As machines take on more human work, what’s left for us?
For decades, labor economists have sought to quantify and predict the the impact of computer technology on both current and future employment, a subject that a new Pew Research Center report probed with a survey of nearly 1,900 experts. Computers had typically been thought of as best suited for jobs that involve routine, repetitive tasks that can easily be reduced to lines of code. But with computer-controlled devices and systems already capable of doing far more than projected even a few years ago, many experts now see more complex jobs coming into play.
The first approach is perhaps summed up by MIT economist David Autor and David Dorn, an economist at Spain’s CEMFI institute, who’ve done much of the spade work in this line of research. They wrote in a 2013 paper: “The adoption of computers substitutes for low-skill workers performing routine tasks — such as bookkeeping, clerical work, and repetitive production and monitoring activities — which are readily computerized because they follow precise, well-defined procedures.”
Consequently, Autor and Dorn say, computerization has been a major contributor to the “hollowing-out” of middle-skilled, middle-wage jobs and a corresponding rise in employment at both the high and low ends of the skills spectrum. To quantify this, the researchers developed an index of “routine task intensity,” or RTI. The higher an occupation’s RTI, the more it’s characterized by routine tasks with relatively little manual labor or abstract reasoning involved. Dorn, in a separate paper, said RTI could “be interpreted as an occupation’s potential susceptibility to displacement by automation.”
A look at the highest- and lowest-ranking nonfarm occupations by RTI seems to bear that out. Of the 15 occupations with the highest RTI scores, only one (cashiers) accounted for a higher share of U.S. employment in 2005 than it did in 1980, while 10 of the 15 lowest-RTI occupations grew as a share of total employment over that timespan.
But as computing devices have become both more powerful and ever-more woven into the fabric of our lives, they’ve steadily moved into tasks that only a few years ago would have been thought safely in the “humans only” zone. In 2004, for instance, Frank Levy and Richard Murnane wrote that “executing a left turn across oncoming traffic involves so many factors that it is hard to imagine discovering the set of rules that can replicate [a] driver’s behavior.” Today, Google is rapidly making self-driving cars a reality.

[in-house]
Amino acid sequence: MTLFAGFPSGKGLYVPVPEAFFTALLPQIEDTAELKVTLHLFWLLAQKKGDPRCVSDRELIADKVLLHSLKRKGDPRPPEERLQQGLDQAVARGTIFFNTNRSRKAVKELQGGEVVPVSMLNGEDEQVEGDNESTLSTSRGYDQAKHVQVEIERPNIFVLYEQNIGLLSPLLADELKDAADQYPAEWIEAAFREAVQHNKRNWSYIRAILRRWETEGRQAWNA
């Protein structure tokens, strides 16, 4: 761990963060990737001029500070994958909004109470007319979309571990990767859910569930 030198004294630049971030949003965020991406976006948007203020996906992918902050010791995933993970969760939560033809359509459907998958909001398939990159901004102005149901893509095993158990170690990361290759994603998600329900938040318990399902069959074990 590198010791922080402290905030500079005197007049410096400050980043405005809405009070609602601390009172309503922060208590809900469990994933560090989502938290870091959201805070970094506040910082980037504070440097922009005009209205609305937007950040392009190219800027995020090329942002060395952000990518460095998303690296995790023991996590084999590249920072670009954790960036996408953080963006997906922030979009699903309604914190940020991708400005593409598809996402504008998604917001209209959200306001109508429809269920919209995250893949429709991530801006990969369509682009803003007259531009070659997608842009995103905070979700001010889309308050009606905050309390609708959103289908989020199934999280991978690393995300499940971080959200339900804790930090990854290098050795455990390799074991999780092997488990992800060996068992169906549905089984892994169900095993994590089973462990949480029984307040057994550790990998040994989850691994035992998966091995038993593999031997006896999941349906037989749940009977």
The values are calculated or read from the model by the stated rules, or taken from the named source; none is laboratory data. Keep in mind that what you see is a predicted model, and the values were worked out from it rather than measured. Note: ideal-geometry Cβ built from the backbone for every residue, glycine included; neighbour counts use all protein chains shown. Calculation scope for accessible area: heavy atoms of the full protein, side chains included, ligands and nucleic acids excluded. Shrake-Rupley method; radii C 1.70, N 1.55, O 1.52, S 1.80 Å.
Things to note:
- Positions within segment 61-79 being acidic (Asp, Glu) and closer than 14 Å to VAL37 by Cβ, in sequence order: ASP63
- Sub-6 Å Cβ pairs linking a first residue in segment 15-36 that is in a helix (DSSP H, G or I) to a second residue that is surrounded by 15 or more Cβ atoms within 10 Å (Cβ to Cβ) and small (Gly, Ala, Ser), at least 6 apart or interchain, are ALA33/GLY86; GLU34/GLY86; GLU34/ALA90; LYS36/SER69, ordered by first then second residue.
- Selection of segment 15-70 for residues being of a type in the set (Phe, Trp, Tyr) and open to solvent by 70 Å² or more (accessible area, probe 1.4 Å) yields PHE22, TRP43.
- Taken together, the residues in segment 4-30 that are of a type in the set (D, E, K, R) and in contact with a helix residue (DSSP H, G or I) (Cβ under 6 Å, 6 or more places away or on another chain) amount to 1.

Last year, two Oxford researchers proposed a new way of estimating how vulnerable different occupations are to future technological advances. The researchers, Carl Benedikt Frey and Michael Osborne, focused on the extent to which occupations involve three types of tasks — perception and manipulation, creative intelligence and social intelligence — that, they argue, are least likely to be fully and successfully automated within the next few decades. The more a job involves such tasks, the less susceptible it is to computerization.
Frey and Osborne analyzed 702 occupations this way, sorting them into high, medium and low risk of computerization. They concluded that 47% of total U.S. employment is in the high risk category, including most workers in transportation and logistics occupations, office and administrative support occupations, and production workers. Among the jobs at the highest risk for computerization: telemarketers, title examiners, insurance underwriters, watch repairers and tax preparers.
Much of the near-term risk of computerization, Frey and Osborne conclude, will be borne by low-skill, low-wage workers — a reversal of the “hollowing out” phenomenon that has characterized the computing age up to now. “As technology races ahead,” they write, “low-skill workers will reallocate to tasks that are non-susceptible to computerization — i.e., tasks requiring creative and social intelligence. For workers to win the race, however, they will have to acquire creative and social skills.”
Drew DeSilver is a senior writer at Pew Research Center.